Bing Maps Silverlight Control With Traffic Cams
So there is a CTP of the Bing Maps Silverlight SDK out there and with the discontinuation of the asp.net version it looks like this is the direction that Redmond is moving. I’ve been playing with the controls for a few weeks now and thought I’d do a little tutorial on a practical use. One of the many awesome things about using Silverlight for this is that it don’t bog down with lots of pins / objects on the map and we don’t have to deal with a lot of the AJAX and postback issues we would doing the same thing in a traditional ASP.net app.
So despite the bad things that people in PA have to say about PennDot, they do have a ton of public traffic cams up on the major roads so an enterprising user can check conditions if they are going anywhere around the city.
In this app we’re going to generate a map and pins for each cam which will pop their image into a modal child window for the user to view and refresh the image every 5 seconds
That done, the first thing we need to do is add a ref to the map assembly.
You can do it like this.
Then in the xaml on the main page we need to add the reference thus:
We also add the object to the grid and give it a name. If you run the app now you should get a normal map. For this we’re going to need a Child Window to show the image in, so lets add one to the silverlight project.
Now that it’s added, lets go mess with the xaml a bit.
It has it pretty well setup for us to begin with but we want to bump up the size a bit to make the images more visible and add an Image object to the grid. We don’t need to set its Grid.Row property explicitly since it’s the only one there and will fall into place on its own. Give it a name and jump to the code view.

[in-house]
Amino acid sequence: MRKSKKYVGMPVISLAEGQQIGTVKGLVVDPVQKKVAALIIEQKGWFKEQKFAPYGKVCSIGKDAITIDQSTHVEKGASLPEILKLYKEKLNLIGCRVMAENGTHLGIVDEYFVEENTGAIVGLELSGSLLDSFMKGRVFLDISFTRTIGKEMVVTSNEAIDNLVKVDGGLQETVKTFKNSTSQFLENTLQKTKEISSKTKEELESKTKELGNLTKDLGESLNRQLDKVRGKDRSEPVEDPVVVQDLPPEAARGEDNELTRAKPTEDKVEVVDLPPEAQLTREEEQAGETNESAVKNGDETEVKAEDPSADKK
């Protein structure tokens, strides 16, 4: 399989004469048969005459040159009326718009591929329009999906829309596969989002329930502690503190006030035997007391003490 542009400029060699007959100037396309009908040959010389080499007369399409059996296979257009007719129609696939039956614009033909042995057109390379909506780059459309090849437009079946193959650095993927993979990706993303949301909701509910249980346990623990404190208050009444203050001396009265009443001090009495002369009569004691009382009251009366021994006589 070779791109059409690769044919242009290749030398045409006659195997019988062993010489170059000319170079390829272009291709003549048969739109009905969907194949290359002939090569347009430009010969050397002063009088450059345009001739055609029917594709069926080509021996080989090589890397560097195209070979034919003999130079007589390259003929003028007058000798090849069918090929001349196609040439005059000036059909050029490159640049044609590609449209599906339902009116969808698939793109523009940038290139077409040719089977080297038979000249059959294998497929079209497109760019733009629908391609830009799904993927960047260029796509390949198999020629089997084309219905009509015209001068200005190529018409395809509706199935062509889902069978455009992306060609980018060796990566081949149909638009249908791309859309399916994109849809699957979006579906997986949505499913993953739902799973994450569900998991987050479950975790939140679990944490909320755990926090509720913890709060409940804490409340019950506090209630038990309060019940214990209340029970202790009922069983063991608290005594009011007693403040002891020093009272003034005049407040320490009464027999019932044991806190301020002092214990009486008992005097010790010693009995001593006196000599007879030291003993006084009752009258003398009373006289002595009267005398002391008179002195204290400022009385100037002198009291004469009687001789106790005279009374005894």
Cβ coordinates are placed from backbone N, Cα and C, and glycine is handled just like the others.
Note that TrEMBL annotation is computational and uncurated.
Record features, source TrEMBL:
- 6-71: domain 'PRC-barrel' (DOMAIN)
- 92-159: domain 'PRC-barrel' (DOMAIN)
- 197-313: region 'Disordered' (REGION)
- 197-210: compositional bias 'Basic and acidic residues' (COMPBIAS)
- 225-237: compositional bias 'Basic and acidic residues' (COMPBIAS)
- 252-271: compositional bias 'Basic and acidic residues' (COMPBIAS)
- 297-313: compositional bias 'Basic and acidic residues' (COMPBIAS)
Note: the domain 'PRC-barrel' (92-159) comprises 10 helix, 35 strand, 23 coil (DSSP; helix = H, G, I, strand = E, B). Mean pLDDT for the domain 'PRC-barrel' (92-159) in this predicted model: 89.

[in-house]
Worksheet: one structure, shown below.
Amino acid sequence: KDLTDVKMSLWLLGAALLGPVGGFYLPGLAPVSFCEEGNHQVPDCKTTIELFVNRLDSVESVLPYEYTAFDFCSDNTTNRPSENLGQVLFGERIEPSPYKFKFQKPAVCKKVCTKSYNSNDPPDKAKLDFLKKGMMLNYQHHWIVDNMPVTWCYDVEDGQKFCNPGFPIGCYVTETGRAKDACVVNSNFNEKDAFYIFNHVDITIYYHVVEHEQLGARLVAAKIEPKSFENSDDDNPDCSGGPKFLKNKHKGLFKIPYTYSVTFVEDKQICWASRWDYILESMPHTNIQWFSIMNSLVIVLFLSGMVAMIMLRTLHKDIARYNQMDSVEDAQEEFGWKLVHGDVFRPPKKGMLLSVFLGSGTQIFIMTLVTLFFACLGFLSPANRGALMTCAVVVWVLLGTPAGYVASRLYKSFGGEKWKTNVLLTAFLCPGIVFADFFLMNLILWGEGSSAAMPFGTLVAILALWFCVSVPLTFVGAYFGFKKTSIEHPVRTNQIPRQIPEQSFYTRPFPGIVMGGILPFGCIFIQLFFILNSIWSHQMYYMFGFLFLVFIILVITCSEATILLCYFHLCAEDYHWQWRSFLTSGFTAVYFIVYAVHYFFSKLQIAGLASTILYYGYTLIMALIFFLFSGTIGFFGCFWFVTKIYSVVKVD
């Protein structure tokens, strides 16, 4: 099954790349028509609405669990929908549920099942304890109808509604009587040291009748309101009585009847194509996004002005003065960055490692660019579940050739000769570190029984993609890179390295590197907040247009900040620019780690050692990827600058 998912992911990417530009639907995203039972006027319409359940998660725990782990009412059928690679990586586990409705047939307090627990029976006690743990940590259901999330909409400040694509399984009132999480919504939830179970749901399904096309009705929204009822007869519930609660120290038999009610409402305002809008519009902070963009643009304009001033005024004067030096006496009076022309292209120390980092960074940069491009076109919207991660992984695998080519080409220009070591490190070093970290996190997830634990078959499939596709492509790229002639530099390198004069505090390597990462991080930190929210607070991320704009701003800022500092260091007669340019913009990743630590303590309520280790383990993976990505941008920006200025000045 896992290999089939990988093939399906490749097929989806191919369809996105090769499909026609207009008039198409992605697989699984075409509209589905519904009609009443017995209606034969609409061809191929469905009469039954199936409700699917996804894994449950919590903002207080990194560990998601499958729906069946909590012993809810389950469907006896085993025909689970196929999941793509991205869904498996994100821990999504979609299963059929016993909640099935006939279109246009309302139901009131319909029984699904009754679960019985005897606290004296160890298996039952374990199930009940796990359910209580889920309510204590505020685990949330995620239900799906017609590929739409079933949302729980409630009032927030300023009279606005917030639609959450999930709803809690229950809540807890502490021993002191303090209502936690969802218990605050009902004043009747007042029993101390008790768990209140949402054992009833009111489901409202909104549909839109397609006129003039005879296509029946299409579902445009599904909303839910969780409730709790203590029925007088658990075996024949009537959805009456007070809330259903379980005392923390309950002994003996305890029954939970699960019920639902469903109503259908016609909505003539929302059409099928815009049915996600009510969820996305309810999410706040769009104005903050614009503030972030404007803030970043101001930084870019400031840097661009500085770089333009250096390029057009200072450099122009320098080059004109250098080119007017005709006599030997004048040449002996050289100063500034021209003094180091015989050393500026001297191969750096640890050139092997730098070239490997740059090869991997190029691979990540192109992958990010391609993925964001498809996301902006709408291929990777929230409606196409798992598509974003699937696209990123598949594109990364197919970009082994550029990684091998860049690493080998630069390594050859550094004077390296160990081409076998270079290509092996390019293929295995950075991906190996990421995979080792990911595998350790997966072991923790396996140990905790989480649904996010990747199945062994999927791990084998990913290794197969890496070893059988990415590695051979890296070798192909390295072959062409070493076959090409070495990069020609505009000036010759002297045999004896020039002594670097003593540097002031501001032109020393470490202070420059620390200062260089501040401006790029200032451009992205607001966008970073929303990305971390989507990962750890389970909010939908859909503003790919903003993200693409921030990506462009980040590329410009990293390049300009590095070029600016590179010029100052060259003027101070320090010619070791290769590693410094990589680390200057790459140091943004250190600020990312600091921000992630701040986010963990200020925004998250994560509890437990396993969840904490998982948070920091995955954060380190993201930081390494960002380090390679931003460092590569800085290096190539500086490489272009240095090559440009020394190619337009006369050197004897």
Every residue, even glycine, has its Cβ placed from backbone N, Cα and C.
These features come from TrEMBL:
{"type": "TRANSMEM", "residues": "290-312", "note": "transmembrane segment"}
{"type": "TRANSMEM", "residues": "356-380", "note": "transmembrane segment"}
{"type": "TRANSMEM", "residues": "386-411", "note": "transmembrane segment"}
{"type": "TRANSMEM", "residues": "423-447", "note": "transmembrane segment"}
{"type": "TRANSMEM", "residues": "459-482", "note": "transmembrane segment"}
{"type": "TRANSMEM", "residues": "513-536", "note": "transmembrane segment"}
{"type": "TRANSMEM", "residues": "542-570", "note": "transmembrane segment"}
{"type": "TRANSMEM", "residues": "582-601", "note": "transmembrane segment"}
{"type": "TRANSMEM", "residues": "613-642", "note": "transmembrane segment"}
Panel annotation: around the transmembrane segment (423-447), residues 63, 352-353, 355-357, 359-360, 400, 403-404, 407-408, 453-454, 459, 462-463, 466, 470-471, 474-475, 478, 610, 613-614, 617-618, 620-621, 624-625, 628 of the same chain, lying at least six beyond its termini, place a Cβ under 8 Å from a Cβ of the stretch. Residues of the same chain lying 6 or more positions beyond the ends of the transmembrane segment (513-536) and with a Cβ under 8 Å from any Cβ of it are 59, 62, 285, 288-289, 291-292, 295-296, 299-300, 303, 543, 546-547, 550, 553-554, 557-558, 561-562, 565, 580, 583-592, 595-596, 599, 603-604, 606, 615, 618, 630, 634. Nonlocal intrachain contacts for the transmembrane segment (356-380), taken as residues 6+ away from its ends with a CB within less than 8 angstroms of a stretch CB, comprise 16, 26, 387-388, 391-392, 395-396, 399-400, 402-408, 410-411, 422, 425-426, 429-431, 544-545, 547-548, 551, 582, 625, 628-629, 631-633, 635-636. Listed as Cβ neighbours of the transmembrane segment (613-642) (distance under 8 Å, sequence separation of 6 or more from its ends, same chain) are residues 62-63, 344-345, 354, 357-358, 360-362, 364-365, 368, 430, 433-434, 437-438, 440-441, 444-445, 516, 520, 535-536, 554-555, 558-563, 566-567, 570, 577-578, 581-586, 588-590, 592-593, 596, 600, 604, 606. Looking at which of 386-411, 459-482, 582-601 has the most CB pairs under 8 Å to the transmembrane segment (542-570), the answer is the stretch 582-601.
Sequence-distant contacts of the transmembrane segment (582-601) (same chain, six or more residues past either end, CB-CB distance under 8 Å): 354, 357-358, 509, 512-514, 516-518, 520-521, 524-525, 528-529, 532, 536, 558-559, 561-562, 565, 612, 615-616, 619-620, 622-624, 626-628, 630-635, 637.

I’m giving you all the code at once so lets just step through and see whats going on here. First we’re taking a string in the constructor which we’ll see come in handy later and throwing it into a class variable. We’re also setting up a DispatcherTimer which is almost exactly like an old school timer. We preload the image and start the timer ticking every 5 seconds and instruct the callback to reload the pic each time.
We can also see that loading the pic is super easy. Its important however to make sure we’re not caching the image or it’ll never change. In most cases this wouldn’t be an issue as Silverlight does this to save resources, in this case we need the opposite.
Now lets jump back to the main window.
I grabbed the data off the pennDot website and put it into a nice little xml file. It looks like this:
With that added we need to start creating pins for the user to click to see the camera footage.
Now lets do this with LINQ to XML, we’ll need to import the assembly because it doesn’t preload with Silverlight.
That done we can write a little query to grab the data we need.
Now we’ve got an anon collection we can loop through and add our pins. We’ll want to put them all into a new MapLayer to make it easy to clear them all later if we decide to give the user the option to remove the pins and it’ll simplify placement.
For this example I’m just making little green Ellipses for pins but you could do something nicer with ease. You can see that the URL to the different images is predictable if we know the camera ID so we set that up and create an anon method that will run when the user clicks on an Ellipse. The event will create an instance of our child window and point it at the camera URL the user just clicked on. When the user is done it will release the mouse.
Now we add the ellipse to the new MapLayer we created and place it in the correct location. The loop complete we add the new layer to the map. One last change. We’ll do the user a favor and center the map near our cameras and zoom it in so that they’re pretty well visible.
Now lets see how we did.
And the camera
You can check out a live version here